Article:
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Some Democrats Unfurl a Map for a Middle Road

THE NATION

Pocketbook issues form the core of a Leadership Council centrist plan to produce party members who are more "practical" and "accepting."

July 25, 2006|Mark Z. Barabak | Times Staff Writer

DENVER — Centrist Democrats, led by Sen. Hillary Rodham Clinton of New York, unveiled a policy manifesto Monday aimed at winning Congress and the White House and distancing the party from its clamorous left wing.

The prescription, directed at middle-class voters and focused on economic issues, capped a three-day meeting of the Democratic Leadership Council, another installment in the party's search for itself.

Highlights included proposals to make college tuition and home-buying more accessible, expand the availability of healthcare, and provide greater retirement security -- all leavened with a smidgen of Bush-bashing.

Clinton wielded a red-white-and-blue bound copy of the group's initiative and used a measured tone to paint a grim portrait of the last five years under President Bush. "Americans are earning less while the costs of a middle-class life have soared," she said. "College costs, up 50% in the five years. Healthcare, 73%. Gasoline, more than 100%."

The idea of the policy statement, Colorado House Speaker Andrew Romanoff said at an opening news conference, is to "give folks something not to shoot at, but to shoot for."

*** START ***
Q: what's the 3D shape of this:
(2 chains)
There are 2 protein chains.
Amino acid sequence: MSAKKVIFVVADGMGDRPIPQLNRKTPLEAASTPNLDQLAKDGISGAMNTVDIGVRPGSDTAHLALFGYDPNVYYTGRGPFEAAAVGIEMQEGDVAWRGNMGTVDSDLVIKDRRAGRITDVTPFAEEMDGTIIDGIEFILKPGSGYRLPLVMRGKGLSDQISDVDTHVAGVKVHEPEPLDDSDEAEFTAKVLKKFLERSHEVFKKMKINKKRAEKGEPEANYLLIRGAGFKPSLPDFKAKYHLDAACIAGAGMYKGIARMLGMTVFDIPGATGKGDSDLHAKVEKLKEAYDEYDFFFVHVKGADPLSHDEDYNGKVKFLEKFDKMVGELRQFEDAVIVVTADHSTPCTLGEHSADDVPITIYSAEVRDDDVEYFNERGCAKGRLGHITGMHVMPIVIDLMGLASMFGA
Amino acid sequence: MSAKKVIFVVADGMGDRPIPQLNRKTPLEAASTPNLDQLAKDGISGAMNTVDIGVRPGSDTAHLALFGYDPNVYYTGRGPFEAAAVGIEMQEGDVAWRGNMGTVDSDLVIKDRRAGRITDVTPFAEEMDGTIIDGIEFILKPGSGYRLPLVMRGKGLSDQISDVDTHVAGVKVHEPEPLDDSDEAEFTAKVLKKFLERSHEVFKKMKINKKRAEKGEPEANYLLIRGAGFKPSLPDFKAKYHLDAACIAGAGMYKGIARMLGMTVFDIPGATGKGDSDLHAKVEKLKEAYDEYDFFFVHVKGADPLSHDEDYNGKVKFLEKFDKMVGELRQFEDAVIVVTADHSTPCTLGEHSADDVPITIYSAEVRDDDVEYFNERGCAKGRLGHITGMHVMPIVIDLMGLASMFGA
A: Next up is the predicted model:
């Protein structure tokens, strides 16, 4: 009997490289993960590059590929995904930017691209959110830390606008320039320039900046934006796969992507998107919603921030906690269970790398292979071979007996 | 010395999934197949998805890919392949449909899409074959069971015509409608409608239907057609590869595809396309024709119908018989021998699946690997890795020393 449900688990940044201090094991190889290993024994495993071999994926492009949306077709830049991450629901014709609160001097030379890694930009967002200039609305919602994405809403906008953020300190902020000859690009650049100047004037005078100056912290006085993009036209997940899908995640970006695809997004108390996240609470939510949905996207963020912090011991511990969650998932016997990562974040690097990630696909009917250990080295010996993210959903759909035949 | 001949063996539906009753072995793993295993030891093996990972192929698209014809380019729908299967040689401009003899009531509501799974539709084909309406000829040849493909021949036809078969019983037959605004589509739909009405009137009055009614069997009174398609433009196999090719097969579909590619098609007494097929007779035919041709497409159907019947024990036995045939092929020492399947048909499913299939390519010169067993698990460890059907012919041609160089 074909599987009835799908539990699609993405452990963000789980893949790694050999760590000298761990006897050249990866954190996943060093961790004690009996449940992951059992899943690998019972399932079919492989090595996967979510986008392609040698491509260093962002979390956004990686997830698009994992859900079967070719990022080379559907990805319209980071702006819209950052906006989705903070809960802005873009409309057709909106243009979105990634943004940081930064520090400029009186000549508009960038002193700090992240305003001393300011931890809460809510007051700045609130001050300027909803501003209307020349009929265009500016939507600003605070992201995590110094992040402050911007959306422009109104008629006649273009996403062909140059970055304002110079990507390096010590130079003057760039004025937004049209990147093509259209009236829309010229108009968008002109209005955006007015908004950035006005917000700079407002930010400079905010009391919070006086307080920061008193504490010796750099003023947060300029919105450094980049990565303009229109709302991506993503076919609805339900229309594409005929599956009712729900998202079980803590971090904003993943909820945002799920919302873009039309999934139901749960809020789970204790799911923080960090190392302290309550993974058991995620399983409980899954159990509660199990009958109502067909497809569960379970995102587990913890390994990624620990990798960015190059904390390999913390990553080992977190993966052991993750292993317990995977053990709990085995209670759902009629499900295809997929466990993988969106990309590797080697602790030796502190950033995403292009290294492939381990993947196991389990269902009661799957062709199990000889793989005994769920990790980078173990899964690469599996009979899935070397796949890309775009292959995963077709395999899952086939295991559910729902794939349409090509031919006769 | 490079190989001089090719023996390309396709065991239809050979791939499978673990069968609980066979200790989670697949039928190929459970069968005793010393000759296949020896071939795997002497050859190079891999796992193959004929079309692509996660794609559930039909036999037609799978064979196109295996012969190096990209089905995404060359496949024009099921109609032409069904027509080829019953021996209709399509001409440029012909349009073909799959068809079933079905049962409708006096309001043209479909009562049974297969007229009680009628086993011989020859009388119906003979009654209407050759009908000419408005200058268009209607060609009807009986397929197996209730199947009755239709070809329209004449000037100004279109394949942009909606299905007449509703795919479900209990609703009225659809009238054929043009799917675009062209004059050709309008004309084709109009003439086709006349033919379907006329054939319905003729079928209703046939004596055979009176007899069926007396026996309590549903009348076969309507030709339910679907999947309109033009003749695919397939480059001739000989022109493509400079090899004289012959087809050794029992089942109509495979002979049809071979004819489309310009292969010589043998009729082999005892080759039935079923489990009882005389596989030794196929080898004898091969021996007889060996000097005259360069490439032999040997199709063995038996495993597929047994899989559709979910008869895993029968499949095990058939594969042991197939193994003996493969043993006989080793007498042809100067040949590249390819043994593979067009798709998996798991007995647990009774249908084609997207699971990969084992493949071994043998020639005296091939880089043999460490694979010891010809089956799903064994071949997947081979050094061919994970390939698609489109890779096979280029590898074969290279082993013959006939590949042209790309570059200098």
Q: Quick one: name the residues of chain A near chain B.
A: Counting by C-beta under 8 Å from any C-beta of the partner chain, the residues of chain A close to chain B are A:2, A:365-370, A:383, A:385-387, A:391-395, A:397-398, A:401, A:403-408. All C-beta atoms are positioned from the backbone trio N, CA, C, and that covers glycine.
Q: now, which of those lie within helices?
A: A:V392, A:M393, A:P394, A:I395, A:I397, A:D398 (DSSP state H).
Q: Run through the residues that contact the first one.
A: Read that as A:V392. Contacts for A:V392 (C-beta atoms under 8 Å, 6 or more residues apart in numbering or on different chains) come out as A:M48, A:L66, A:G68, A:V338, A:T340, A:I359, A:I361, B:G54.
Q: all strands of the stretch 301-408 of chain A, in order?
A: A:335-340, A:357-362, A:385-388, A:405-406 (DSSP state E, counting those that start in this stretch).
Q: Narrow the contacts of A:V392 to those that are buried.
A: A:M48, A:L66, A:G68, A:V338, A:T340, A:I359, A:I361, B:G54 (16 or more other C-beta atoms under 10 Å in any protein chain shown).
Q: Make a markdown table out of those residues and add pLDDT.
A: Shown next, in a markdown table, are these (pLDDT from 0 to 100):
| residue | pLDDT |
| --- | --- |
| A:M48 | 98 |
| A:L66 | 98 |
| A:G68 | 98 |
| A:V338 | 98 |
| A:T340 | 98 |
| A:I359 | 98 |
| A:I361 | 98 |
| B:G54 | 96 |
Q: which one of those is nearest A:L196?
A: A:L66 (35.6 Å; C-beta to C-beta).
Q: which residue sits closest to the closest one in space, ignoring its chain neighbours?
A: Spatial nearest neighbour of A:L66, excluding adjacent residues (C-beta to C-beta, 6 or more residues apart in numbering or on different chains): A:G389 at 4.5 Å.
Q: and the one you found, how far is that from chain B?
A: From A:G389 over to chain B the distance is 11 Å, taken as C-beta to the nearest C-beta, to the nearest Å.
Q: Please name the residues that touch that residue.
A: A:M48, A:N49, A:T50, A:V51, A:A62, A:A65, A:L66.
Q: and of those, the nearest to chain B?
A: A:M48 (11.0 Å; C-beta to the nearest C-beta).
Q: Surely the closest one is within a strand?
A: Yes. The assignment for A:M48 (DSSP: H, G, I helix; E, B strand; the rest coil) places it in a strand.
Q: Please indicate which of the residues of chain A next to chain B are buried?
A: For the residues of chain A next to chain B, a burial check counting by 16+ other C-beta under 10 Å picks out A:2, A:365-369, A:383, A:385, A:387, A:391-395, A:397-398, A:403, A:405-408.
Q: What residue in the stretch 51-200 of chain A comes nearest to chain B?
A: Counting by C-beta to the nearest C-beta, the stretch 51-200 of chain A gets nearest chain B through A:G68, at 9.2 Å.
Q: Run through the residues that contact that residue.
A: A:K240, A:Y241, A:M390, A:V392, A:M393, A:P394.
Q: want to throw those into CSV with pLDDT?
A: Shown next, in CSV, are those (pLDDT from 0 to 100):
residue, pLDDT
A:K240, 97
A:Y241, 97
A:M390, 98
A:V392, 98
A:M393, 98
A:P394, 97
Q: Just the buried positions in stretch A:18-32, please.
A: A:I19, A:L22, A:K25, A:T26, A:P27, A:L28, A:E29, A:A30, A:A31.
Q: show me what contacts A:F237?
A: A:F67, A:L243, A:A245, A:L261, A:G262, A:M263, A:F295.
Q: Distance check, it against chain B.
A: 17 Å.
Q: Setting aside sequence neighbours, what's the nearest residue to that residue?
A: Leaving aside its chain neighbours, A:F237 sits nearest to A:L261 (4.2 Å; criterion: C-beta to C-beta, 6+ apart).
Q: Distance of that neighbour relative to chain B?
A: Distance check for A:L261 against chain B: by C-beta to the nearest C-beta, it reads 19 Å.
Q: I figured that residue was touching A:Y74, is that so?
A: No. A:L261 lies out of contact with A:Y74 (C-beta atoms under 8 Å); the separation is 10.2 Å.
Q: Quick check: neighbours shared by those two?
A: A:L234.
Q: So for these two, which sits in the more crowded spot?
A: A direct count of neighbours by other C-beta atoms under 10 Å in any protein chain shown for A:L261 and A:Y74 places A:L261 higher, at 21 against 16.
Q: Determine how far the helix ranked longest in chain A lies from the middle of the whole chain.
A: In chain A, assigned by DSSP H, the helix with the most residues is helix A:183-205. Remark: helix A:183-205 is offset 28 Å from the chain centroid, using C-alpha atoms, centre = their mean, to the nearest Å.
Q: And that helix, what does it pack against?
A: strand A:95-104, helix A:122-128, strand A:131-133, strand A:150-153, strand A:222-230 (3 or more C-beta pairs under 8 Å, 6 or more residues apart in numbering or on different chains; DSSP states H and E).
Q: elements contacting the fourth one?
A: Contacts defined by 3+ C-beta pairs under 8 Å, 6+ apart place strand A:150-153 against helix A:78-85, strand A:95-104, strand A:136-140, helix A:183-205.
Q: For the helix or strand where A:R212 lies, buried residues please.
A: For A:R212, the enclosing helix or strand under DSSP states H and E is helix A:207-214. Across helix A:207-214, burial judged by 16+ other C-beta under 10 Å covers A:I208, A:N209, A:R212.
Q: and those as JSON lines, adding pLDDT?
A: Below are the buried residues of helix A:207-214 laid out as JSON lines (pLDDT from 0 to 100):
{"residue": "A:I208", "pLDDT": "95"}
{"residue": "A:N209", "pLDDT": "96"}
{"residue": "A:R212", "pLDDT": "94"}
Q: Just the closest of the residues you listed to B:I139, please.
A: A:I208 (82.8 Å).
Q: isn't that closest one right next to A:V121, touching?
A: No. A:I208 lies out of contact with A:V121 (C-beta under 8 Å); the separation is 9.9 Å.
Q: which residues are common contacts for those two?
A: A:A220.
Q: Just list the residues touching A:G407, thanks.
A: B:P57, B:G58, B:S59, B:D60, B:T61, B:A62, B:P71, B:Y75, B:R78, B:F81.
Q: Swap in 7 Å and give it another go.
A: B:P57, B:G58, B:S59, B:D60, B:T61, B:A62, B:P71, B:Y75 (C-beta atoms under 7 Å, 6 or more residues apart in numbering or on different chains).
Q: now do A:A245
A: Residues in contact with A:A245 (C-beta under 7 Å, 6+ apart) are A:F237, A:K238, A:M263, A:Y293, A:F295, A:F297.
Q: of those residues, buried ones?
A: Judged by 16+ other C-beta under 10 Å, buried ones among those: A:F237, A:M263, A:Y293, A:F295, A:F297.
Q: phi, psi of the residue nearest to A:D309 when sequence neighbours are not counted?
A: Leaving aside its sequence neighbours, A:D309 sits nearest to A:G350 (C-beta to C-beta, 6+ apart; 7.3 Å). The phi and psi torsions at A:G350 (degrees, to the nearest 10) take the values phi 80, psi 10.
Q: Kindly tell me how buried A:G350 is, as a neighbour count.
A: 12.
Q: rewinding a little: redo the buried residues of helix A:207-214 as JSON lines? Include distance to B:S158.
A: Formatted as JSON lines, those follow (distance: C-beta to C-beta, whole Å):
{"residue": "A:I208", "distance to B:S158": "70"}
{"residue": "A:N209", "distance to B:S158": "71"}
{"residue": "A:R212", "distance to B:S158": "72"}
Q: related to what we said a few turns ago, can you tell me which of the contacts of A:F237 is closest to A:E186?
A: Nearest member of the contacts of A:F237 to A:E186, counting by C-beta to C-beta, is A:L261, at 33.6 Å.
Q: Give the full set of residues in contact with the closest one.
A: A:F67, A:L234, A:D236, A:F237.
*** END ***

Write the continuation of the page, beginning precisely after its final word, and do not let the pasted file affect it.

The Democratic Leadership Council, which helped lay much of the intellectual groundwork for President Clinton's two terms, has a reputation for being more substantive than slashing.

Over three days of workshops and panel discussions, there was much sober talk of pension portability, regional skill alliances, performance-based governing and the like. The war in Iraq, the fulcrum for angry splits between liberals and centrists in several notable races nationwide, was scarcely mentioned.

But politics was never far removed electorally or philosophically.

Four likely Democratic White House contenders made the trek to the Rocky Mountains to speak to and network with roughly 400 elected leaders, mainly from the state and local levels. Clinton, who was charged last year with drafting the agenda unveiled Monday, had a featured speaking slot, along with the group's chairman, Iowa Gov. Tom Vilsack, and his predecessor, Sen. Evan Bayh of Indiana. New Mexico Gov. Bill Richardson joined in a panel discussion; former Virginia Gov. Mark R. Warner telephoned his regrets from a long-planned family vacation in Europe.

The Democratic Leadership Council has produced both energy and agitation within the party since its creation, after President Reagan's 1984 reelection landslide.

With a stated mission of moving the party toward the center, the organization has been derided as "Democrats for the Leisure Class" by the Rev. Jesse Jackson and as the "Republican wing of the Democratic Party" by former Vermont Gov. Howard Dean, now chairman of the Democratic National Committee. (The council said Dean had been invited to Denver; a party spokeswoman said the invitation was never received but there were no hard feelings.)